Instruction: Lose your fear of greenside bunkers

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K.J. Choi is one of the best on TOUR at saving par from the sand.
July 31, 2013
By Ted Brasile, Head Instructor, TOURAcademy Tiburón

One of the many statistics that TOURCaddie ( tracks is sand saves, which is the percentage of time you get your ball up-and-down from the greenside bunker. The average PGA TOUR percentage is a shade over 50 percent (through the RBC Canadian Open), with K.J. Choi converting 70.48 percent of his sand save opportunities thus far in 2013. Choi has 74 “sandies” in 105 attempts, which is as many as some amateurs hope to make in a lifetime.

Most recreational golfers are happy just to get their ball out of the bunker -- unless, of course, they blade it over the green. They’d rather hit a delicate chip or pitch shot out of 4 inches of thick rough than take their chances in the bunker. There’s a simple explanation for this: They don’t practice this shot. Whereas the average TOUR pro or playing professional practices greenside bunker shots about two hours per week, the average golfer is lucky if they spend two hours a year in the sand. It’s no wonder why they fear even the easiest of bunker shots. The TOUR player, on the other hand, would much rather be in the bunker than in the greenside rough because they can control the spin, trajectory and distance much easier. All they have to do is change their entry point in the sand, the face angle, and the rate of their body rotation.

If you want to get better from the greenside bunker, then you have to put in more practice time in the sand. It doesn’t have to be two hours per week, but if you spend 20 to 30 minutes per week working on the following three bunker fundamentals, I guarantee you that your sand save percentage will start to improve. Your fear of the greenside bunker will also subside, and you’ll start to get upset when your shots don’t finish within 15-20 feet of the hole. That’s a much better feeling than wondering just how many shots you’ll lose to the bunker.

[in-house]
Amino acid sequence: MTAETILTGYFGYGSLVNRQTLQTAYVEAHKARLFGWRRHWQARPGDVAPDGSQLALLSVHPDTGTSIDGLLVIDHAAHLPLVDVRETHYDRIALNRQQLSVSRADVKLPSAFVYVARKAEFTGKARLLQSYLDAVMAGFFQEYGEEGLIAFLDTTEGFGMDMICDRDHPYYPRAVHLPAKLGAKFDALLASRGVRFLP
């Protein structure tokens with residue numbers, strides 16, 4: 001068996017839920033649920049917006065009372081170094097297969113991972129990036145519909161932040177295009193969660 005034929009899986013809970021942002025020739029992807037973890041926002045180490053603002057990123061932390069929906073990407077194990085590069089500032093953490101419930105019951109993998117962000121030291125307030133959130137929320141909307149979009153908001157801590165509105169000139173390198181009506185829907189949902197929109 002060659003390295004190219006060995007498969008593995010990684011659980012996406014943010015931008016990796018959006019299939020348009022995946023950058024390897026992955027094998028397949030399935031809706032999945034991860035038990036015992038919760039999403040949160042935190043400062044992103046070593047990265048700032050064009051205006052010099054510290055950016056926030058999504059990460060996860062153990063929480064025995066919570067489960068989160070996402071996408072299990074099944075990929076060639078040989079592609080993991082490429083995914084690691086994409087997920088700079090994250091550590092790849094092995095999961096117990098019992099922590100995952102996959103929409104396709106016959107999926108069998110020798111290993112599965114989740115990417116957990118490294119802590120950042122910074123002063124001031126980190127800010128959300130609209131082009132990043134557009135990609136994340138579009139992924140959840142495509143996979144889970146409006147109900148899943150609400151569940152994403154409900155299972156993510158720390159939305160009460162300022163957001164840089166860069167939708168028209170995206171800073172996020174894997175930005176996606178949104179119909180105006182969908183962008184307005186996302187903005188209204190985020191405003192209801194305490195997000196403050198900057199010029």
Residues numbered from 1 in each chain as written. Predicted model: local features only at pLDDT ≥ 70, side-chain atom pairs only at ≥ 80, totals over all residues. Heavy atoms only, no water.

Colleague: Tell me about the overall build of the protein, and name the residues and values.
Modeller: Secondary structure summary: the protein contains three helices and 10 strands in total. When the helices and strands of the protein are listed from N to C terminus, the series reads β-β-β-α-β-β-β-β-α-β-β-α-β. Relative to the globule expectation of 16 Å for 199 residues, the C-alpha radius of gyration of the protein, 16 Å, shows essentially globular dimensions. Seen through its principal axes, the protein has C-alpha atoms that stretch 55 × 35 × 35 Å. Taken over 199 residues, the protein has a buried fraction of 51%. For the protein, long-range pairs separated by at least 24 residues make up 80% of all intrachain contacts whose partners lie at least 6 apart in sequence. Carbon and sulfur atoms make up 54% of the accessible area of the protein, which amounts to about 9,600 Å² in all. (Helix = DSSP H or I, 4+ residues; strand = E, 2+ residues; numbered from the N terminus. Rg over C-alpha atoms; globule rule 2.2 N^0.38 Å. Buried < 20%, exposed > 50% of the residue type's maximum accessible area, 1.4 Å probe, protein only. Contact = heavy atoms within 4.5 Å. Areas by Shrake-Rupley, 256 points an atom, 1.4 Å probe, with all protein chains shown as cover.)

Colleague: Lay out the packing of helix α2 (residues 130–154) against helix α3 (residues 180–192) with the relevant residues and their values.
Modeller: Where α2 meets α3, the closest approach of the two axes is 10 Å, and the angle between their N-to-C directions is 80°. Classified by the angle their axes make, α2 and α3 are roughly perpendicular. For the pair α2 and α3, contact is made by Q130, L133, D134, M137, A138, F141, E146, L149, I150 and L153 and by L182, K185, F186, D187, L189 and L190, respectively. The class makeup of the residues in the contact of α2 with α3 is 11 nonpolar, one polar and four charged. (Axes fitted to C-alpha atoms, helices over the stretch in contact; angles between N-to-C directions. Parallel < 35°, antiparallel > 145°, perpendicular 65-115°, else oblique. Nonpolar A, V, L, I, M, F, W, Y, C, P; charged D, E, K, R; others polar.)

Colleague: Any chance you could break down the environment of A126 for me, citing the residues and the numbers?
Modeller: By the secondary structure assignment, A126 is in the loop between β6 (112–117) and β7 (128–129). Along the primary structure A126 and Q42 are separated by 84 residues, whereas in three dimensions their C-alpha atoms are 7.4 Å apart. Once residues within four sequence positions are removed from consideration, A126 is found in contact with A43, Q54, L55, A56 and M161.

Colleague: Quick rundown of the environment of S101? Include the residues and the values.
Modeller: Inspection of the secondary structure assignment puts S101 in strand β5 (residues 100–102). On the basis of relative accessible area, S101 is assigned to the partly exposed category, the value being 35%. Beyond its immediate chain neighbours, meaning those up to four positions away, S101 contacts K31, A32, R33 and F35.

I don’t think the average golfer needs to play the ball as far forward as the TOUR pro does, but it should definitely be a ball or two forward of center in your stance. This helps expose more of the bounce, or trailing edge, of the clubhead, so that it can skim through the sand and not dig. It also makes it easier to maintain the loft on the clubface, so the ball has enough height to clear the lip of the bunker. If you position the ball too far back of center, than you get too much forward lean to the shaft, which introduces the leading edge and makes you more prone to digging.

At address, the shaft should be vertical or even leaning back slightly, with your weight favoring your front side. The buttons on your shirt (i.e., your sternum) should be even with or slightly in front of the ball. To check this, suspend a club from your sternum area—the club should be in line with the ball or ever so slightly in front of it. If your sternum is tilted back behind the ball, then you’re likely to hit too far behind the ball as well.